Thanks for joining us. You've been studying this for years. And what's interesting is that you say is that these rampage shootings, they are rarely spontaneous, that people actually telegraph to friends and family what they are planning to do. How do they do that? KATHERINE NEWMAN, AUTHOR: Well, they usually are telling their peers that they have ambitions to shoot up a school or take some other kind of action, but it's usually said in a very veiled way, Suzanne. So it's not that easy to interpret.

They will say things like, "I'm going to be running from the cops next week," and everyone says, "What is Johnny talking about?" But it piques their interest and that is really what Johnny is trying to do.

MALVEAUX: And why would he be trying to do that? Is he trying to warn people? Is he trying to give out some sign that he needs help here, that he doesn't really want to do this?

NEWMAN: He doesn't usually really want to do this, but he -- after many years of trying to get attention in other ways, Johnny, who is usually someone who has trouble making friends and connecting with other people, discovers sadly that this does start to attract attention.

And so it's the last act, not the first act, in a long line of efforts to try and ingratiate himself into peer groups that are usually holding him at arm's length. So it's a kind of a veiled warning, but it has a purpose from the shooter's point of view of trying to attract attention and gain friends. And that's the saddest part of it all.

Often these shooters are people who have spent many years unable to make friends and that's really what they're thinking about, how am I going to get other people to think about me differently. And they find it more satisfying or they think others will find them more attractive if they're defined as notorious and dangerous rather than dweeby and a loser.

MALVEAUX: Is there any difference between kids who just kind of want to be alone, they're loners and they don't necessarily socialize and somebody who you might actually really have to be concerned about, because they feel a sense of rejection? How do you know?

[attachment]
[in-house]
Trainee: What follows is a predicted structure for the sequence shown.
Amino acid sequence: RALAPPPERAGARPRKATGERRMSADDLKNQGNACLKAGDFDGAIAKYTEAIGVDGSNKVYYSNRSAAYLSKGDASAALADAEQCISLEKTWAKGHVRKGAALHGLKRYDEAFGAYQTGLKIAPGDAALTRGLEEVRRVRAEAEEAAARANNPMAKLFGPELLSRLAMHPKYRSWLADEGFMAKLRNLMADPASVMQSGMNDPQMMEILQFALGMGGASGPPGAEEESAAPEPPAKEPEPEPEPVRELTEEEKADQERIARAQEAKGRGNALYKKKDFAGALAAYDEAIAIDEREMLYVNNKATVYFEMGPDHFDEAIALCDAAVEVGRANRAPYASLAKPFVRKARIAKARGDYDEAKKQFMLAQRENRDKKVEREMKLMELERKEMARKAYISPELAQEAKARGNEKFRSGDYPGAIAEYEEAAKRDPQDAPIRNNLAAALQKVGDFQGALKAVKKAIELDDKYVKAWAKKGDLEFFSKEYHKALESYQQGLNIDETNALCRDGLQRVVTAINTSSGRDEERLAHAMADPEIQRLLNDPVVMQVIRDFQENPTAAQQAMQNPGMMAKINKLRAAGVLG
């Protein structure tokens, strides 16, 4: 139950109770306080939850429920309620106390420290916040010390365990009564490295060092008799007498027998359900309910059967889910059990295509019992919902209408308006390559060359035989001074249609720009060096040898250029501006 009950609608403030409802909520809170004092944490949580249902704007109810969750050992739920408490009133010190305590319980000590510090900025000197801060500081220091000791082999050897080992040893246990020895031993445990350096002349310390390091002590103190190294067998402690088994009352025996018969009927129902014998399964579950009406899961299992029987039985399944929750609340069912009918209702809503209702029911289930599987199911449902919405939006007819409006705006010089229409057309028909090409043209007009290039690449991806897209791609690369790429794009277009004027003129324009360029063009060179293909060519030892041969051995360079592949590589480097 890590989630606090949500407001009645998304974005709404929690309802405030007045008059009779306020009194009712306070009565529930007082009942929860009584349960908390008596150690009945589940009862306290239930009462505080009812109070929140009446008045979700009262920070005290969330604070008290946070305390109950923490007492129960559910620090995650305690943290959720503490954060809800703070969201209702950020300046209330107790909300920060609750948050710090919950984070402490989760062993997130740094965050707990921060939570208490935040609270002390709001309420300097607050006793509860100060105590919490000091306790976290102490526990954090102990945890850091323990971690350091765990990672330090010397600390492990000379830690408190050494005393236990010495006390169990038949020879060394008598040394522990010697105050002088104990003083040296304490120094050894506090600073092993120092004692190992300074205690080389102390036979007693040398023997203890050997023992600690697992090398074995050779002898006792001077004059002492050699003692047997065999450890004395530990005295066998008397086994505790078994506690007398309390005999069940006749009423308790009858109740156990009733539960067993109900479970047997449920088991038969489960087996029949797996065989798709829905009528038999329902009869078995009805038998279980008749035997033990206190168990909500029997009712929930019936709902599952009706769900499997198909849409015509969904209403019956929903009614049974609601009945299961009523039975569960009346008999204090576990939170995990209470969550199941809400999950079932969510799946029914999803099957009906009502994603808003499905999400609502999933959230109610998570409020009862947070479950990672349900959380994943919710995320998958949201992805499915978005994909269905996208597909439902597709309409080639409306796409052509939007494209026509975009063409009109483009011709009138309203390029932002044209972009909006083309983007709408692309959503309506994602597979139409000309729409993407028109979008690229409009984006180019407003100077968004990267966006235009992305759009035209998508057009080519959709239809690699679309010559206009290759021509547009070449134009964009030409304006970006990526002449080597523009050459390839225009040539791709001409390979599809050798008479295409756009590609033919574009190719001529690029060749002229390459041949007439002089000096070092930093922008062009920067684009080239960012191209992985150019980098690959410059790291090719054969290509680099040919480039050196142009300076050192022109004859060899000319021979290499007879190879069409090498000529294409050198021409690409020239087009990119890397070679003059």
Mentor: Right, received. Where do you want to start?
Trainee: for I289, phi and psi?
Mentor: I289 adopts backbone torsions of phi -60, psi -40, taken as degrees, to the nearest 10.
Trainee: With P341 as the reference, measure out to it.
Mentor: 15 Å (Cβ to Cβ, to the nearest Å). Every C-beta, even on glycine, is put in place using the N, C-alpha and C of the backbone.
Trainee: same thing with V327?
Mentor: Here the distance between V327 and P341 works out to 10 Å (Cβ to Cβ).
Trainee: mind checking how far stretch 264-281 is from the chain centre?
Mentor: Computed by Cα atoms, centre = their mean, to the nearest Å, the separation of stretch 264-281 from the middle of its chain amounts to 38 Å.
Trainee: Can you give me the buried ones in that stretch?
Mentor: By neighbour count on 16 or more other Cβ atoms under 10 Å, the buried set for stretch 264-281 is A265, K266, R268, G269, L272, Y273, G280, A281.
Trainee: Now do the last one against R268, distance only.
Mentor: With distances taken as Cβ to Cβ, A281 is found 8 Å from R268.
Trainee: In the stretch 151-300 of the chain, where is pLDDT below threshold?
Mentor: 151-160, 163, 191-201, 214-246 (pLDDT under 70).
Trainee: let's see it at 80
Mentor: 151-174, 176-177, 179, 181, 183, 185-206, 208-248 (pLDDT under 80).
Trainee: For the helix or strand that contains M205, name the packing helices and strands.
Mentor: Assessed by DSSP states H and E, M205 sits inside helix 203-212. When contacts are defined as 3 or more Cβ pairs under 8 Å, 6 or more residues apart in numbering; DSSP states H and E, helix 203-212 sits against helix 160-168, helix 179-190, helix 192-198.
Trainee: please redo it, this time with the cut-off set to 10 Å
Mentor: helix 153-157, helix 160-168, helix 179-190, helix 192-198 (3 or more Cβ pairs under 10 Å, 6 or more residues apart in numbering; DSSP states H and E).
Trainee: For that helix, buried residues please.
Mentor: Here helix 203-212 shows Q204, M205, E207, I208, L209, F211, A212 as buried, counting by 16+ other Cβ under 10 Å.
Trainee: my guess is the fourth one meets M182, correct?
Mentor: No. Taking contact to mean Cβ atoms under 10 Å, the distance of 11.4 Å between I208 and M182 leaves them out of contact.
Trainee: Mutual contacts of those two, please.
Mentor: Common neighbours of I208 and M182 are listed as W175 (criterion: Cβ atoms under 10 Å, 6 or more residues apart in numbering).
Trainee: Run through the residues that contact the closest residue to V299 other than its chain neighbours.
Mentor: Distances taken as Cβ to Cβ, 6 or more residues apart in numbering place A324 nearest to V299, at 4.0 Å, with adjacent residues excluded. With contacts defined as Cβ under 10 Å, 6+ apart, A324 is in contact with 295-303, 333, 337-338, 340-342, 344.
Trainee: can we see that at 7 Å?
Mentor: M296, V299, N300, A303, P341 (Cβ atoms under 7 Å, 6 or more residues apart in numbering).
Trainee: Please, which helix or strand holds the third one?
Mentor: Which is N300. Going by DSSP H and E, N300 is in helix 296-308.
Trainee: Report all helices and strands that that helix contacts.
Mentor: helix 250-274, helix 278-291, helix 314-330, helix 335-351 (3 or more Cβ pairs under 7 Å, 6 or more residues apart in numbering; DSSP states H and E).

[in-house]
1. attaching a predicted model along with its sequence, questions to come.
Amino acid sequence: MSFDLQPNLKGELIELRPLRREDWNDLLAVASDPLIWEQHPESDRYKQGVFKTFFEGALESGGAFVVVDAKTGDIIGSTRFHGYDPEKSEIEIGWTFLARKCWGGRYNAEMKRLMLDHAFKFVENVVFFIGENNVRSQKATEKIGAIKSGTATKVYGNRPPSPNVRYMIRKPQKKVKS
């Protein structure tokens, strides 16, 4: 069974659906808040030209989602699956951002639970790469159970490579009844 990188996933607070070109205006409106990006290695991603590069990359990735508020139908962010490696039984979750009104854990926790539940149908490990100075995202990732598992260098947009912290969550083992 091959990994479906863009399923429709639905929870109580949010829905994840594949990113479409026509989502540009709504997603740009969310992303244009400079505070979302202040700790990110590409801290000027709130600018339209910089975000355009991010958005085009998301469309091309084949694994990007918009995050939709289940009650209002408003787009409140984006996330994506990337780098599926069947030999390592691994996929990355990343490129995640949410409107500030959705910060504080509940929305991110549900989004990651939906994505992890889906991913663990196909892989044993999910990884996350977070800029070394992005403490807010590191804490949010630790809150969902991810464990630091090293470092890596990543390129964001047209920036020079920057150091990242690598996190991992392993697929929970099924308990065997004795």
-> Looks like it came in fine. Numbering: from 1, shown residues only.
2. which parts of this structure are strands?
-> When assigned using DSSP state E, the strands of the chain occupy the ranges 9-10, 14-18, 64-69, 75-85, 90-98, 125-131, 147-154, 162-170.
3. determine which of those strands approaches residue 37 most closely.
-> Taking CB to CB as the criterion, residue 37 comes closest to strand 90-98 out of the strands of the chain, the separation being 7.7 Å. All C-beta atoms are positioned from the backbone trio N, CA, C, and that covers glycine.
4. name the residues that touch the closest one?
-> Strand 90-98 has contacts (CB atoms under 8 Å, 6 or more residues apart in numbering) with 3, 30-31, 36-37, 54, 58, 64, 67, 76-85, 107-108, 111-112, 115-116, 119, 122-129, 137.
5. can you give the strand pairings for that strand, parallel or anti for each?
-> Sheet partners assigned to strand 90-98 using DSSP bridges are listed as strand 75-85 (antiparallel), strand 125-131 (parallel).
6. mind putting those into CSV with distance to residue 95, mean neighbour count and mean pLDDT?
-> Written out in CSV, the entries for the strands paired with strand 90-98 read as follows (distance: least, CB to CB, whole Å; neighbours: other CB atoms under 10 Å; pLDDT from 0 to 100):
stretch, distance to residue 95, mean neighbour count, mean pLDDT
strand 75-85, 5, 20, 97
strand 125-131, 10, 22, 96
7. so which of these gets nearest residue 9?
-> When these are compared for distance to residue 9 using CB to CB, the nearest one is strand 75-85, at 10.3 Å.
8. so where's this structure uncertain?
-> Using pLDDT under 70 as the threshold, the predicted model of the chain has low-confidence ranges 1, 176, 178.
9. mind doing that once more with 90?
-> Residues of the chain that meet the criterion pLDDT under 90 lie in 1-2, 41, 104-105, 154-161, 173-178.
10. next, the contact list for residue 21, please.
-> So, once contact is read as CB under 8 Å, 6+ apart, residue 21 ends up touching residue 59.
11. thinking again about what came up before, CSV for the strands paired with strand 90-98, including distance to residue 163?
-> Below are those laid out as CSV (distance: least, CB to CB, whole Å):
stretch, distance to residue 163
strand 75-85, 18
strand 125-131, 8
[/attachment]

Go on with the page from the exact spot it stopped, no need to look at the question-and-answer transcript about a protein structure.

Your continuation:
NEWMAN: Well, there are certainly kids who really are loners, but they're not the ones who explode in these rampage shootings.

Rampage shooters are usually people who have made extraordinary efforts to try and gain access to social groups and they fail. And they fail time and time again.

So the fixation on the loner or the notion that this is something that happens spontaneously, because someone has experienced rejection, really isn't the case. It's not spontaneous and it's not a loner. It's someone whose efforts to gain traction with peer groups fails time and time again, until they start talking about shooting people.

And then they start to gain that traction and, very often, sadly, their peers egg them on, not knowing that this is something the shooter really intends to do. But it's just part of the interaction, often, of teenage peer groups to sort of push the boundaries with someone who is very sensitive and whose buttons can be pushed to sad effect. MALVEAUX: Is there something that, like, young people can do, if they're teenagers instead of pushing this person forward, pull them away, pull them back a little bit? What should they do?

NEWMAN: Well, of course, most of us remember those teenage peer groups and not with a lot of fondness. They get a lot of sense of solidarity out of excluding others.

And if we could teach teenagers that those things have potentially catastrophic effects, not only might it help someone who might be inclined to be a shooter, but it would help millions of other kids who suffer from depression and a sense of exclusion, which is a pretty common experience in high schools.

So the shooter is really the tip of a much bigger iceberg of depression and loneliness and rejection. Most people grow out of it, they get past it. They go on past high school.

But those who suffer a particularly extreme form of mental illness take every slight as a magnified catastrophe, and it means something different to them and more serious to them than it does to the ordinary kid who grows out of it and doesn't enjoy it, either.

MALVEAUX: Yes. Final question here, is there a threshold, is there an age in which, you know, if it's not dealt with at that time, that this person is only going to get worse, that it's only going to fester and turn into something like this, a violent rampage?

NEWMAN: Well, we know these mental disturbances that often characterize shooters begin in adolescence. And they're very difficult to identify at that age. But if they manage to make it to their 20s it becomes a full-blown and more florid form that we are able to identify.

And I think that's one of the hardest things about this particular shooting. Once someone gets beyond high school where we see them every day in a social setting, it could be much, much harder.

MALVEAUX: All right. Katherine Newman, thank you so much, appreciate it.

Coming up in the next hour of CNN NEWSROOM, Robert F. Kennedy's daughter, Kerry Kennedy, weighs in on the gun control debate. It was back in 1968 Robert Kennedy was shot to death by Sirhan Sirhan at the Ambassador Hotel in Los Angeles.

We expect to hear from House Democrats as well on the issue coming up at 1:00 p.m. Eastern, right here in CNN NEWSROOM.


WAYNE LAPIERRE, EXECUTIVE DIRECTOR, NRA: The only way, the only way to stop a monster from killing our kids is to be personally involved and invested in a plan of absolute protection.